Résumé : Practices of Provider-Initiated HIV Testing and Counseling (PITC) remains suboptimal in Côte d’Ivoire. The aim of this survey was to identify the practices and obstacles to PITC among healthcare professionals in Côte d'Ivoire. A nationally representative cross-sectional survey was conducted in 2018 by telephone among three separate samples of midwives, nurses and physicians practicing in Côte d'Ivoire. The number of HIV tests proposed during consultation in the month preceding the survey was collected for each professional. Factors associated with the number of proposed tests were identified through ordinal logistic regression models. A total of 298 midwives, 308 nurses and 289 physicians were interviewed. Midwives proposed the test more frequently, followed by nurses and physicians. Among midwives, a higher number of proposed tests was associated with the perception that HIV testing does not require specific consent compared to other diseases (aOR 4.00 [95% CI 1.37–14.29]). Among nurses, having received HIV training and the presence of community HIV counselors were associated with a higher number of proposed tests (aOR 2.01 [1.31–3.09] and aOR 1.75 [1.14–2.70], respectively). For physicians, the presence of a voluntary testing center was associated with a higher number of proposed tests (aOR 1.69 [1.01–2.86]). PITC practices and barriers differed across professions. Beyond improving environmental opportunities such as dedicated staff or services, strengthening the motivations and capabilities of healthcare professionals to propose testing could improve PITC coverage.

  • Inghels Maxime, Kouassi Arsène Kra, Niangoran Serge, Bekelynck Anne, Carillon Séverine, Sika Lazare, Koné Mariatou, Danel Christine, Desgrées du Loû Annabel et Larmarange Joseph (2020) « Perceptions, préférences et recours aux offres communautaires de dépistage du VIH chez les hommes ayant des relations sexuelles avec d’autres hommes (HSH) en Côte d’Ivoire » (communication orale (session SPD1), présenté à AFRAVIH 2020, Dakar. http://www.afravih2020.org/.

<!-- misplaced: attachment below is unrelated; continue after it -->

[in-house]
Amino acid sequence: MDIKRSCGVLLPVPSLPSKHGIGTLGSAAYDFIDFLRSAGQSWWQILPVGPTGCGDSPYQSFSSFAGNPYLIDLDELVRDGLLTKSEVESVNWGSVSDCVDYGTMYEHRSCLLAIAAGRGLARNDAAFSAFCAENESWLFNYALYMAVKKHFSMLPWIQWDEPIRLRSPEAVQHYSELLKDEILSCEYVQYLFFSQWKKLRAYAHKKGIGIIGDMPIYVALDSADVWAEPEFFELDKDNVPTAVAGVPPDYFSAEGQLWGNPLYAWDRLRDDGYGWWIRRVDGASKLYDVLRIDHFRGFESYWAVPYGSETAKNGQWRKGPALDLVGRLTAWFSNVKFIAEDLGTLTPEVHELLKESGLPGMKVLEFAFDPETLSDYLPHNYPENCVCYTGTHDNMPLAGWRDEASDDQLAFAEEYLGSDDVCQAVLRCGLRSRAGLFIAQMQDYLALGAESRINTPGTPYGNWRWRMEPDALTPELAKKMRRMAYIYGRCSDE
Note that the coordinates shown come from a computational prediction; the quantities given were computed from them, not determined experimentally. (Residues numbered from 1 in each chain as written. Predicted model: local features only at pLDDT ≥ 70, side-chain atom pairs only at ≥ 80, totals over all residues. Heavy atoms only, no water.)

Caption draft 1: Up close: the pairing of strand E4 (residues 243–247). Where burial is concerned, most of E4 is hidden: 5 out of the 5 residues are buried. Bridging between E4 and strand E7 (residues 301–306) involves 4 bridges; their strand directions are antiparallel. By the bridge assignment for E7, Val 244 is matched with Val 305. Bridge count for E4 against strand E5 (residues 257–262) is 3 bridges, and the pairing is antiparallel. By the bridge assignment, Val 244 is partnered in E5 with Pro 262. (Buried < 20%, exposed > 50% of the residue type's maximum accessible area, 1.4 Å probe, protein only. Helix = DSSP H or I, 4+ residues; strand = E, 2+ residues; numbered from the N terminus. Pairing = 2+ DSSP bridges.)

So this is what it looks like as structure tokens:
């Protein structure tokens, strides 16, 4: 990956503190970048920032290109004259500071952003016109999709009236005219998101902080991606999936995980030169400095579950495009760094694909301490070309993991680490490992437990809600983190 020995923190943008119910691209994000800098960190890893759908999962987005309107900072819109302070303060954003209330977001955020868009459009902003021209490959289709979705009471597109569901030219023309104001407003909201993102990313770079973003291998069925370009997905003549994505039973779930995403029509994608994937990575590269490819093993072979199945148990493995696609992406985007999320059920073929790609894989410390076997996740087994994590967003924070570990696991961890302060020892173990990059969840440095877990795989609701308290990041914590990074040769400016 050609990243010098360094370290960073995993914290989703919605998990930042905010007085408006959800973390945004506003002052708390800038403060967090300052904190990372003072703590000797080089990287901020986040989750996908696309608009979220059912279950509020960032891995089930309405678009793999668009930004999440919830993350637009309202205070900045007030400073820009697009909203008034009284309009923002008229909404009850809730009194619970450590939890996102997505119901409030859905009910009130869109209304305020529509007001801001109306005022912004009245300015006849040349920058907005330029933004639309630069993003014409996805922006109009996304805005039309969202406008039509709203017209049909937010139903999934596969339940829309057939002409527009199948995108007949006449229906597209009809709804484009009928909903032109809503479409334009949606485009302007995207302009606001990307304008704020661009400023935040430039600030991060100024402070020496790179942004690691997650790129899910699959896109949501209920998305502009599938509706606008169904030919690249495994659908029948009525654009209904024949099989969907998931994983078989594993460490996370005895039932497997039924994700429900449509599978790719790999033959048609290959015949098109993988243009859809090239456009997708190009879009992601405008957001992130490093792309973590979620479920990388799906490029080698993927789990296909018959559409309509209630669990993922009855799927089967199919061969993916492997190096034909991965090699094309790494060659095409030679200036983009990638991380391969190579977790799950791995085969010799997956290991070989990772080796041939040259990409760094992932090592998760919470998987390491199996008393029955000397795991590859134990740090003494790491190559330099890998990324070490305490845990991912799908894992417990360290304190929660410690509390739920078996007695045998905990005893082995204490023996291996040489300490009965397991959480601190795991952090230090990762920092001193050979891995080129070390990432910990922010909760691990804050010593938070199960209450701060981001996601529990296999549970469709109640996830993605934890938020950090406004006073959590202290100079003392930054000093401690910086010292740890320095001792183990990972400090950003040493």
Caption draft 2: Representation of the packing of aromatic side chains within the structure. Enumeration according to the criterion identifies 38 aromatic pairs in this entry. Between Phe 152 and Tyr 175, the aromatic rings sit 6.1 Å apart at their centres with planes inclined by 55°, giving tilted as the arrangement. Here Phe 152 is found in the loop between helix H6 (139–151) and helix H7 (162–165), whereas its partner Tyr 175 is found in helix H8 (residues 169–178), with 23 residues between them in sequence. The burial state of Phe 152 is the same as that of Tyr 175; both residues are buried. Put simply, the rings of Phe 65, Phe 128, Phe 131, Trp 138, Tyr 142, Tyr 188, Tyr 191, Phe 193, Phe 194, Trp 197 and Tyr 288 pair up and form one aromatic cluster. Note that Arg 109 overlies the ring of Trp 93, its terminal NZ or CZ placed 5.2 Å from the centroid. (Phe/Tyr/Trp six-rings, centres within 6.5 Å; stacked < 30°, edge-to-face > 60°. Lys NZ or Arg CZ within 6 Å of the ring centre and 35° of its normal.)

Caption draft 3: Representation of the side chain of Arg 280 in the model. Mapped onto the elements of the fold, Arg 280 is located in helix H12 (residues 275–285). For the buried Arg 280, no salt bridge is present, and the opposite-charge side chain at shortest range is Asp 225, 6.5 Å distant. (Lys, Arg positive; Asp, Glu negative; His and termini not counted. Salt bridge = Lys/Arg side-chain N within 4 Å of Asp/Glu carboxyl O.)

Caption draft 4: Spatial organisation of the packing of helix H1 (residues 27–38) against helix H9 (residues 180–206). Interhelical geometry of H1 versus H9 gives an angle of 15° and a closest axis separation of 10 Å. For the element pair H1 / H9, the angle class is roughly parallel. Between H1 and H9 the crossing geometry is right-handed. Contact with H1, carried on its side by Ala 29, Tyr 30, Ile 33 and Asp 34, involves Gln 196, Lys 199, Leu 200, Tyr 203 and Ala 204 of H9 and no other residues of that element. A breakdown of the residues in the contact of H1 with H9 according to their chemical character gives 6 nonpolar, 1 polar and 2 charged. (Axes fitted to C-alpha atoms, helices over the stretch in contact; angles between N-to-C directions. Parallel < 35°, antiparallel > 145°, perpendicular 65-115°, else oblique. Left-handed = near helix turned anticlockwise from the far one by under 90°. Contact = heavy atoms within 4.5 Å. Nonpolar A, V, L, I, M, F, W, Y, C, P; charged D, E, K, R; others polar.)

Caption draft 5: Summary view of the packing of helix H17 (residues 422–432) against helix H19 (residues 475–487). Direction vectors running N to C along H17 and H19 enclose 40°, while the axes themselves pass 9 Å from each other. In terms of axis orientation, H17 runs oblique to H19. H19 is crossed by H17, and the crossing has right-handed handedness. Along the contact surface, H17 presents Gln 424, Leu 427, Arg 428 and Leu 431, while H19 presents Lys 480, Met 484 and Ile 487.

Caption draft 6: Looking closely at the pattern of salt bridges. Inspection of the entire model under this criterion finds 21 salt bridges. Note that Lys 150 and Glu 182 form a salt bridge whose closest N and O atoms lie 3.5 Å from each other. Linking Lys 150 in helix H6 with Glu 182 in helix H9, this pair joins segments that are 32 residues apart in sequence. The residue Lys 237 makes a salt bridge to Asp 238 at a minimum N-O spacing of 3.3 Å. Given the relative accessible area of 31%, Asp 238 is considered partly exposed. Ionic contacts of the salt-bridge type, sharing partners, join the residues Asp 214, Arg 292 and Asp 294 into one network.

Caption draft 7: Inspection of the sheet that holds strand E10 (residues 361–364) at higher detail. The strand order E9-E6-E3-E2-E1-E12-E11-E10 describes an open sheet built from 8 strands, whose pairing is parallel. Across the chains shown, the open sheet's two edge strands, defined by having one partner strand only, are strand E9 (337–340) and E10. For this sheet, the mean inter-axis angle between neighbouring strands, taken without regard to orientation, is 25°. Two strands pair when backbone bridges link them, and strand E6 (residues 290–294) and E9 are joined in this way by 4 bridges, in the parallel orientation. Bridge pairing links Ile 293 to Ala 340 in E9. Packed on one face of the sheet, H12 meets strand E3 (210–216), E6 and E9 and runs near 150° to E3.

Résumé : Objectifs Depuis la fin des années 2000, se sont développées des offres de dépistage dédiées à destination des HSH. Portées par des ONG communautaires et favorisées par la formation de pairs éducateurs à la réalisation de tests rapides, ce dépistage communautaire serait plus adapté pour atteindre cette population. Mais qu’en est-il du point de vue des intéressés eux-mêmes ? Matériels et Méthodes Une enquête par téléphone de type Respondent driven sampling (RDS) auprès de 518 HSH a été réalisée en 2018 en Côte d’Ivoire. Le questionnaire portait, entre autres, sur la connaissance, la pratique, la satisfaction et les préférences concernant les offres de dépistage dédiées aux HSH. Résultats Seule la moitié des enquêtés (47 %) ont déclaré connaître un lieu de dépistage dédié aux HSH. Parmi ceux-ci, 79 % en avaient déjà fréquenté un. Ces derniers ont rapporté avoir été bien accueillis, s’être sentis en confiance, que la confidentialité avait été respectée et 95 % ont déclaré qu’ils y retourneraient. En termes de préférences, 37 % des enquêtés ont déclaré préférer les lieux de dépistage indifférenciés (c.-à-d. accueillant tout type de patient), 34 % les lieux communautaires et 29 % sans préférence. Ceux préférant le dépistage communautaire mentionnaient une meilleure écoute et s’y sentir plus en confiance, notamment du fait de la présence d’autres HSH. À l’inverse, ceux préférant une offre généraliste mentionnaient le manque de discrétion et d’anonymat des offres communautaires et vouloir éviter le regard des autres. Les hommes les plus éloignés du « milieu HSH », se définissant comme bisexuels/hétérosexuels, attirés principalement par des femmes, ne connaissant pas une association HSH ou n’ayant pas dévoilé leur homosexualité ont plus tendance à préférer un lieu généraliste. Conclusion Si le dépistage communautaire est bien adapté aux HSH qui y ont recours, le maintien d’une offre de dépistage indifférenciée reste essentiel.